“DC Fire & EMS Department’s 150th Anniversary
Wednesday, July 9th at 6:30 pm
Martin Luther King Jr. Memorial Library
901 G Street NW
Washingtoniana Room, 3rd Floor
Please join the staff of the DC Fire & EMS Museum in the Washingtoniana Room (Room 307) on Wednesday, July 9, 2014 at 6:30 p.m. for a panel discussion on the history of the DC Fire & Medical Emergency Service Department. Historians Jim Embrey, Jim Lloyd, Mark Tennyson and Walter Gold of the DC Fire and EMS Museum will discuss 150 years of firefighting in the District, including its establishment as a paid department, segregation and integration of the force, and its critical role in the community. Photos and stories from DC’s biggest fires will be featured.
Be sure to stop in the Great Hall lobby to see a multimedia exhibit on DC Fire history. The exhibit features photos from the Special Collections Prints & Photographs Collection and historic fire equipment on loan from the DC Fire & EMS Museum. Fires to Remember, a slideshow produced by the Friendship Fire Association, is also on view in the Great Hall through mid-July.
District of Columbia Fire and Medical Emergency Service was founded in 1864, although there were various Volunteer Firefighting Companies throughout Washington D.C up until that point. Initially starting with less than 10 firemen, today DC Fire & EMS operates 33 Stations in the District. On average, DC Fire & EMS responds to approximately 160,000 calls in the DC metro area. Since its inception in 1864 DC Fire & EMS has grown tremendously to become one of the premier fire departments in the United States.”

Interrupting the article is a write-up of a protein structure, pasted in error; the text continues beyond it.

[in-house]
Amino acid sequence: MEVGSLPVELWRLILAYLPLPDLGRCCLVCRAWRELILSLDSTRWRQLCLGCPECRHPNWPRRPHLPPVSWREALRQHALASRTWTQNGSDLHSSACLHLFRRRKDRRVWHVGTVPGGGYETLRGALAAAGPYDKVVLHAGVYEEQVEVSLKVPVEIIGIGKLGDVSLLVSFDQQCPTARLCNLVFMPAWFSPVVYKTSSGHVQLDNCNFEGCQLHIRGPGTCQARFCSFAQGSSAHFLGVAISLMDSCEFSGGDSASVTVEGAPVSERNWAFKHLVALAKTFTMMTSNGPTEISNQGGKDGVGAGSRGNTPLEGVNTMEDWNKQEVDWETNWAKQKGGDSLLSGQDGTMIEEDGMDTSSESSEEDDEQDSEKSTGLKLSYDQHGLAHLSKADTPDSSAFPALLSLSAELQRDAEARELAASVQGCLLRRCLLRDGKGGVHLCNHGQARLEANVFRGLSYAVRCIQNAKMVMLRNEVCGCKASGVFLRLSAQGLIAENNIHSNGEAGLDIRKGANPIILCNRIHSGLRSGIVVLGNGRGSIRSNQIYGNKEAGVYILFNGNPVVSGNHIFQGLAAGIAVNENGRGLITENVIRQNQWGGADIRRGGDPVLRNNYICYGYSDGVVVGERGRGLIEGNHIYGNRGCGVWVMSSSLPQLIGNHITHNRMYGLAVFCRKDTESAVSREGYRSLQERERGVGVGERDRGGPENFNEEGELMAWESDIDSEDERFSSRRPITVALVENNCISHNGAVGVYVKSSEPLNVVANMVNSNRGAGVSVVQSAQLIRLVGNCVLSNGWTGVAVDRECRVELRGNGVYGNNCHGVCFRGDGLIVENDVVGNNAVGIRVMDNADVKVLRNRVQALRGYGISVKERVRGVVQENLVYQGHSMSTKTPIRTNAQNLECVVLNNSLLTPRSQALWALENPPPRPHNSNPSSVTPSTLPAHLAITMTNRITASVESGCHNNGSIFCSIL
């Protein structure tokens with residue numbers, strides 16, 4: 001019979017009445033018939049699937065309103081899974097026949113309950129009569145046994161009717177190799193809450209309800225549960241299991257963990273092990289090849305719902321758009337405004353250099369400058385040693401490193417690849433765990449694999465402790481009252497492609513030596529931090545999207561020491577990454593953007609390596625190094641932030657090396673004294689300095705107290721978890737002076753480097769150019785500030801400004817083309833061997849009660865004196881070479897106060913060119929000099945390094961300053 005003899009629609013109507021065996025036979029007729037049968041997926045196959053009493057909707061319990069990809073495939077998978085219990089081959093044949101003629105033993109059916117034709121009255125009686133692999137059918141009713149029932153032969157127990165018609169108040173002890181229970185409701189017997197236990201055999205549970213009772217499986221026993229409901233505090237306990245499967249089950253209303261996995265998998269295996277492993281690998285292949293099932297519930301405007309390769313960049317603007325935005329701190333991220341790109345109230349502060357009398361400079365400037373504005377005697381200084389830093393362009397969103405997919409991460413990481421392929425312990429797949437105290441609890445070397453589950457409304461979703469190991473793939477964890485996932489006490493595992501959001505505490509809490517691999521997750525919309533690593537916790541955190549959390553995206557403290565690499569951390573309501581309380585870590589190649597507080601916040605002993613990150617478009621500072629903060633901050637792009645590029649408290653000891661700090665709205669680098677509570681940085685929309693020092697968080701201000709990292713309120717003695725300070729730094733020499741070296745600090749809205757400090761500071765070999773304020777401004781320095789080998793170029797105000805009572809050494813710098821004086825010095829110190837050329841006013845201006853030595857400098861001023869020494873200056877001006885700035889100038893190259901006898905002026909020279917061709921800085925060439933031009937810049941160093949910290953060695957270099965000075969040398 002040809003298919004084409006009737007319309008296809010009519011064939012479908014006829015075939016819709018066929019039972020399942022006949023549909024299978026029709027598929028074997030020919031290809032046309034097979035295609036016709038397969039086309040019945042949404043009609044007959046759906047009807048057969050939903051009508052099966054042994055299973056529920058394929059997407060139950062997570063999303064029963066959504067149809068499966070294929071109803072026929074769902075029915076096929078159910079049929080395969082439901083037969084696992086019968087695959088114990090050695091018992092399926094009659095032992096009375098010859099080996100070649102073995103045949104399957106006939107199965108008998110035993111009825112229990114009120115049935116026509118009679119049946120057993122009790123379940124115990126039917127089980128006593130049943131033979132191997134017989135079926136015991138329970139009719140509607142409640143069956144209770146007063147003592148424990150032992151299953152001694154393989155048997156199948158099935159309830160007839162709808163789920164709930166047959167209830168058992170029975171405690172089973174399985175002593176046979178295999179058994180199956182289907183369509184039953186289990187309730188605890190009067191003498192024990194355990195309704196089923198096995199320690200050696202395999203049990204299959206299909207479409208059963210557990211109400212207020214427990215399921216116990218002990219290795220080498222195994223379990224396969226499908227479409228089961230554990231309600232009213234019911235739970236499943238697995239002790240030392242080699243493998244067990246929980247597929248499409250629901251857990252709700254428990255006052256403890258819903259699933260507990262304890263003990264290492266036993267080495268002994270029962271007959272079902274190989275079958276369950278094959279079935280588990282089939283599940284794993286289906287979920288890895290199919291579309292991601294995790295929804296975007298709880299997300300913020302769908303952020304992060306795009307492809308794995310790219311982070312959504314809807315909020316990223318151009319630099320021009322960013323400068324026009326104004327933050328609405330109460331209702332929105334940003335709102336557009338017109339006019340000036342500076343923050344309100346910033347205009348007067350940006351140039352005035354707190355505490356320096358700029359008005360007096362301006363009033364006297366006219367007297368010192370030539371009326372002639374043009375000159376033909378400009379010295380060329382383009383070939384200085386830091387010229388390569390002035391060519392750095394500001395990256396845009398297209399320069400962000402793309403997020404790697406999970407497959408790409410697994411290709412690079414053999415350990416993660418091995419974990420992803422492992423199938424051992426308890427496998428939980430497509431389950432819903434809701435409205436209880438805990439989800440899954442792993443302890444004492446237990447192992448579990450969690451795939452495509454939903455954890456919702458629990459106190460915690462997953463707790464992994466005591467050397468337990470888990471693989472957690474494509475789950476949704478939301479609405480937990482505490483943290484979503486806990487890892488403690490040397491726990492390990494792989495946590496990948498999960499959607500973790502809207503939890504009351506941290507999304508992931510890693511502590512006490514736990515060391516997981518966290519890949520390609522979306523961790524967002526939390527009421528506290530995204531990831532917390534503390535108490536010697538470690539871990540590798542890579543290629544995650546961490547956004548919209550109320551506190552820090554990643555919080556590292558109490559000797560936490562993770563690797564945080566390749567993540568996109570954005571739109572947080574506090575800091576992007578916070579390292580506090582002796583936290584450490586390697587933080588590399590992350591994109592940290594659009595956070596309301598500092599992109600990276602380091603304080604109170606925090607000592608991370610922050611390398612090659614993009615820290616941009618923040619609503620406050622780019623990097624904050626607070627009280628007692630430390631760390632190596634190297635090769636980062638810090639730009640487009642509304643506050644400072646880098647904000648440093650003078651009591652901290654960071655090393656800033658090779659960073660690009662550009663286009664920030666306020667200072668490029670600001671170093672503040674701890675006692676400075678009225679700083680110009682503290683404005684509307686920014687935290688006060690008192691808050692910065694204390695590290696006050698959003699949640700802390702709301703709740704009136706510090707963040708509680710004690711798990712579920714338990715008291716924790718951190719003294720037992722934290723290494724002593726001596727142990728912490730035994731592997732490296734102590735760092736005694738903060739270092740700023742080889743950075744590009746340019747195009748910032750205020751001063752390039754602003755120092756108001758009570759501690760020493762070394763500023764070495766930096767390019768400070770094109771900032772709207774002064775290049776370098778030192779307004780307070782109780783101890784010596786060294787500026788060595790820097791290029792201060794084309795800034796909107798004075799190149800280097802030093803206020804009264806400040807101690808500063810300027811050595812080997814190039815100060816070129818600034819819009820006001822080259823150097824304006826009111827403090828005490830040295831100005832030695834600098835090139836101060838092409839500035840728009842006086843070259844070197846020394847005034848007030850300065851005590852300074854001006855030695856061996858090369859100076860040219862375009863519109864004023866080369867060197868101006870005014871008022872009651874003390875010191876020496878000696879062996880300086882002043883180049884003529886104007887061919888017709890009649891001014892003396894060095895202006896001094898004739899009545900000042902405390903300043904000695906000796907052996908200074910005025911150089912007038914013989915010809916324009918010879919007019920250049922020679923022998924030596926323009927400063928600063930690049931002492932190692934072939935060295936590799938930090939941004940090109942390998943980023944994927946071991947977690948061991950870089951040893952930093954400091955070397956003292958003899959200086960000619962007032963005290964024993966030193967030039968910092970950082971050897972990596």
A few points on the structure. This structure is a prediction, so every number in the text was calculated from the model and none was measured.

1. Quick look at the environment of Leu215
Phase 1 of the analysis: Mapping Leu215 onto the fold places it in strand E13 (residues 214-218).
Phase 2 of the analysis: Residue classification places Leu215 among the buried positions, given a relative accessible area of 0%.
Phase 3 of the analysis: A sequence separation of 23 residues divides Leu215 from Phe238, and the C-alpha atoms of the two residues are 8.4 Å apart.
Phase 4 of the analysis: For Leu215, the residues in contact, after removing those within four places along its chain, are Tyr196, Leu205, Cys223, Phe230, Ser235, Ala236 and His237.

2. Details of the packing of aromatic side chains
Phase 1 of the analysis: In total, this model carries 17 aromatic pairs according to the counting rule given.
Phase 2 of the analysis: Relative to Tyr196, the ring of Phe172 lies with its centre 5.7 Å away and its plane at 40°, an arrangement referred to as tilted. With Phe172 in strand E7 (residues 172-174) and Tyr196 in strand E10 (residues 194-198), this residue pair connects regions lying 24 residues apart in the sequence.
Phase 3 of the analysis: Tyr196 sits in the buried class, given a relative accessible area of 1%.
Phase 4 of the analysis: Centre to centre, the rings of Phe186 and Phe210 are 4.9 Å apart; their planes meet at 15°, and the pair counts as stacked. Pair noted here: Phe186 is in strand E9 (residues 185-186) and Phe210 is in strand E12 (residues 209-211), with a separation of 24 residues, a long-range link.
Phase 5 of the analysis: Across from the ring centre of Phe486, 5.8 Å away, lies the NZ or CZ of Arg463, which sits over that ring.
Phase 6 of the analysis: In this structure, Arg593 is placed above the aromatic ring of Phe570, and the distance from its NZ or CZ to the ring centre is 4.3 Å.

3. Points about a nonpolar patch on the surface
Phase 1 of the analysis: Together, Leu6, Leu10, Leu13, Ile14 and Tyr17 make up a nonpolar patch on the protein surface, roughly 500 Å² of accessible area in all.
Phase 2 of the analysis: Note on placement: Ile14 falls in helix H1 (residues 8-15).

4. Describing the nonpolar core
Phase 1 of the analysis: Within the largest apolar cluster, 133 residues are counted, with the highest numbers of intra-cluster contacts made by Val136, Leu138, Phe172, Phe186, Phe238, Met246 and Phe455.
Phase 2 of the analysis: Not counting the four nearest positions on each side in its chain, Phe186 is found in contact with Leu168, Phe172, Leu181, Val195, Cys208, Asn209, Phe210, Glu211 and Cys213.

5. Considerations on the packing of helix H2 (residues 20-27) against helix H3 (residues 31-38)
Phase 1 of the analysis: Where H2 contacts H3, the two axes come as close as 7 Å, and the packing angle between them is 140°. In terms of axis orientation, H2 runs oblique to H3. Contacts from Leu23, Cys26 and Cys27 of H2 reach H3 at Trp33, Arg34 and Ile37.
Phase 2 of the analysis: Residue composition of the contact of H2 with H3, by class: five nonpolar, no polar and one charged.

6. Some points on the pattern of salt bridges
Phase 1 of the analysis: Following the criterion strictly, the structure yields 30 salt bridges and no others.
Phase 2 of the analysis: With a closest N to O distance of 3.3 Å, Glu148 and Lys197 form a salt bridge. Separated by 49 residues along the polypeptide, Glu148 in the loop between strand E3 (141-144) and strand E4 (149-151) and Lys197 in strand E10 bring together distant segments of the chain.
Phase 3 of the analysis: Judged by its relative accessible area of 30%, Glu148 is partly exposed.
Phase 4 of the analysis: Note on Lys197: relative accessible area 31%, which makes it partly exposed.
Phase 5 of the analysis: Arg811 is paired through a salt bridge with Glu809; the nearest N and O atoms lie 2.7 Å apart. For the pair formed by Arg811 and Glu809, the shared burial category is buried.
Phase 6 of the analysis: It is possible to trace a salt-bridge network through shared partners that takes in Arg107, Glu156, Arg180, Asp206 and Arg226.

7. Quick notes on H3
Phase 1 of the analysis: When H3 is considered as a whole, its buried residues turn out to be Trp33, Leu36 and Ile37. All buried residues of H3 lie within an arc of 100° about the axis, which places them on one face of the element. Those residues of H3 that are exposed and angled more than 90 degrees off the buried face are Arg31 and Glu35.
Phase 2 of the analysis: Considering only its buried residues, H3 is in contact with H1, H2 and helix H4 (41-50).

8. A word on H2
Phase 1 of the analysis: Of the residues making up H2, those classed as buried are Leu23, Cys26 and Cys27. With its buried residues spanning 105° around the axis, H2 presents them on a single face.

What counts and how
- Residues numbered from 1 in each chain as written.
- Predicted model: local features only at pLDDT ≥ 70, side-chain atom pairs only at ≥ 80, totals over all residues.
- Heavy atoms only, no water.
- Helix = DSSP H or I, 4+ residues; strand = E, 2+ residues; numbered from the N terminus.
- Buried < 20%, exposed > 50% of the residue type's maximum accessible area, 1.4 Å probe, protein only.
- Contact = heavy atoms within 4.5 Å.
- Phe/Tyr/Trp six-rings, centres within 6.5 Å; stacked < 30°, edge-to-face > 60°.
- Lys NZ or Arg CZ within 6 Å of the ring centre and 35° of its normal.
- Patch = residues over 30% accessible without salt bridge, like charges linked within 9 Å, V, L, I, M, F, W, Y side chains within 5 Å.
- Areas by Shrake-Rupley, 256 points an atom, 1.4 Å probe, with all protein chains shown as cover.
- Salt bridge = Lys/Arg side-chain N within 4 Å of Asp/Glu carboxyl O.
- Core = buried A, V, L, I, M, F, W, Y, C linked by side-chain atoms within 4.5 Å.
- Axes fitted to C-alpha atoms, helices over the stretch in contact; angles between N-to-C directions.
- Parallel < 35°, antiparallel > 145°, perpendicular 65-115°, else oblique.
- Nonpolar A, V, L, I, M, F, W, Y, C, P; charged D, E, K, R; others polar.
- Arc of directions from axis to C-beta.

On Wednesday June 4, 2014, at approximately 3:54 pm, personnel from the DC Fire and Emergency Medical Services (DCFEMS) received a report of an explosion and fire at an apartment building located in the 1600 block of Isherwood Street, Northeast. Upon arrival, firefighters found an apartment building ablaze. During firefighting activities, firefighters observed a deceased person in one of the units.
The case was investigated by members of the Arson and Explosives Task Force, which includes members from MPD, DCFEMS and the Bureau of Alcohol, Tobacco, Firearms, and Explosives.
The investigation has determined that the fire was intentionally set by the decedent identified as 46 year-old Christopher Christofi of Northeast, Washington, DC. The Office of the Chief Medical Examiner has ruled that the decedent’s death was a suicide.”